Then there’s this:
Moreover, given a likely continued slowdown in the UK economy because of Covid-19 and Brexit, there is more scope than ever for a green economic stimulus. During these times of higher unemployment and low interest rates, there is a strong economic rationale for the government to invest heavily to bring about the transition directly. This would lead to an even faster transition and stronger economic performance.”
Well, yes. Many an economic forecast has been brought low by MacMillan’s “Events, dear boy, events”. Such as the fact that, since the release of this analysis, the major British macroeconomic problem has been inflation due to excessive stimulation of the economy by government. So we might also want to park that justification to one side.
We don’t need to get down and dirty with their socioeconomic assumptions, with their predictions for which technologies will mature at what price. For these are not the things that drive their finding. They’re not even the things that drive the model. That trade effect, which we now know we shouldn’t use, is a heavy driver of the outcome.
We do, however, need to consider the base problem with the very nature of the analysis. No model, ever, encapsulates all that happens in reality. Every model is an abstraction of a few principles that we wish to examine. This must be true, for if it weren’t then we’d not be using a model, we’d be examining reality. What matters, therefore, is in the selection of the model. We need one that explores the effect of the specific action we wish to explore.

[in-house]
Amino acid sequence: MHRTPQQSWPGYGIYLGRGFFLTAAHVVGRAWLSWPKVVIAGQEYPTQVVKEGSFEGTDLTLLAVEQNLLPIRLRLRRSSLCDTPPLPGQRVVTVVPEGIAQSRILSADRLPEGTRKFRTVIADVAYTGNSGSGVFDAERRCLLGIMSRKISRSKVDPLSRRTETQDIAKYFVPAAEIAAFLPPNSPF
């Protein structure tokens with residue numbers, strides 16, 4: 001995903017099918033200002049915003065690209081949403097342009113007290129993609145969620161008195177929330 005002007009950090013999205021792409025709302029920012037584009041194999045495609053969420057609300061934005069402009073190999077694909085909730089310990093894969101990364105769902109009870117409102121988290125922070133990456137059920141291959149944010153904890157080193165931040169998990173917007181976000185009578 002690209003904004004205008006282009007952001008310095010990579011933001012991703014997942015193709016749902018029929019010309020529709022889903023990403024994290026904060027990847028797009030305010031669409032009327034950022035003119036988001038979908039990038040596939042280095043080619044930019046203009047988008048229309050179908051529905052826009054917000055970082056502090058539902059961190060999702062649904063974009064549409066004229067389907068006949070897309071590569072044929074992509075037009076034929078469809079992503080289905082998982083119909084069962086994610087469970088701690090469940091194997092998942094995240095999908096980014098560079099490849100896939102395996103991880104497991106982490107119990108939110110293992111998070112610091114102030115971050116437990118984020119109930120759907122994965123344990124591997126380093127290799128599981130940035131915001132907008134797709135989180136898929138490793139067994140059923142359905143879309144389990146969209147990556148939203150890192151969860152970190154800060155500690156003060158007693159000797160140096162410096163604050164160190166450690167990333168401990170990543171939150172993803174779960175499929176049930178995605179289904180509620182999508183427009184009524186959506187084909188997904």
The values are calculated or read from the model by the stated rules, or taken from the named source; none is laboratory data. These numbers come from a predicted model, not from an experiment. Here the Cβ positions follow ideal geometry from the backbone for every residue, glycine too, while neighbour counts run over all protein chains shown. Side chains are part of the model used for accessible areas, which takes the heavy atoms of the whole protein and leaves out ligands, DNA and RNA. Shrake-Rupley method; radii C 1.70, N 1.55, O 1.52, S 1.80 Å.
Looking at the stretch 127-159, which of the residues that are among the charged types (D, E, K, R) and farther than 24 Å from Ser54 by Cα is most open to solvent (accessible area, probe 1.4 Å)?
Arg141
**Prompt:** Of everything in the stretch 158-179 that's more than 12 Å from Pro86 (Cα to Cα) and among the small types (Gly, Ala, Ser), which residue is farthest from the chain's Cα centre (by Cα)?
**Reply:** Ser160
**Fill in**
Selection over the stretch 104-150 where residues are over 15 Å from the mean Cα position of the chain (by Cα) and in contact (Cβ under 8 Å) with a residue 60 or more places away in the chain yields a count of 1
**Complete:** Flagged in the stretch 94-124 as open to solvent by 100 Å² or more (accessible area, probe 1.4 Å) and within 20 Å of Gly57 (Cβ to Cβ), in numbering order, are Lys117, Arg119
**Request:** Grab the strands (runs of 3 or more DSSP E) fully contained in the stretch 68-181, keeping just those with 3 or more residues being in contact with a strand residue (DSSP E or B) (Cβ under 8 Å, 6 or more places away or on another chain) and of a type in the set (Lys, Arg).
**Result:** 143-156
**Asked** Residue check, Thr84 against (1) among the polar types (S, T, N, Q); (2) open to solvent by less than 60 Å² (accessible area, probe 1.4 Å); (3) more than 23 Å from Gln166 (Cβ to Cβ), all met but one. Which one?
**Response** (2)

But that’s exactly what this research does not do. As above, we’ve a begging of the question instead.
What we want to know is whether government spending upon the renewables transition makes us richer or not. Therefore we need to use a model that is equivocal – or possibly even neutral – about the effect of government spending. Only if we start from the point that government spending is neutral can we then go on to ask whether government spending on windmills (or, to be less perjorative, the green transition) is beneficial. This is a piece of logic that should be obvious but sadly does need to be spelt out.
That’s because the model that is being used here assumes that government spending grows the economy. The results gained from the model do not, in fact, distinguish between spending upon green or upon anything else. The effect is purely driven by that original assumption: that more is better.
- Markets are subject to frictions in both the short- and long-runs; prices do not automatically balance supply and demand.
- There is usually spare capacity in the economy, including, for example, unemployed workers.
Both lead inexorably to the conclusion that government spending increases GDP. It’s simply what they mean. The conclusion is therefore baked in with the initial assumptions. It doesn’t matter what the spending is upon either; the stimulus still happens. So, government spending upon fracking has the same effect as government spending upon renewables. But the Cambridge Econometrics result is presented as if government spending upon renewables will – uniquely – expand GDP.
Which leaves us with just the one final observation. E3ME is a widely used model among EU types who would like to see more government control of investment activity – as the model creators themselves boast. Meanwhile, the model assumes that more government control of investment is a good idea, and thus gives results that suggest that…more government control of investment is a good idea. Funny the people who think that more government control of investment is a good idea like to use it, isn’t it?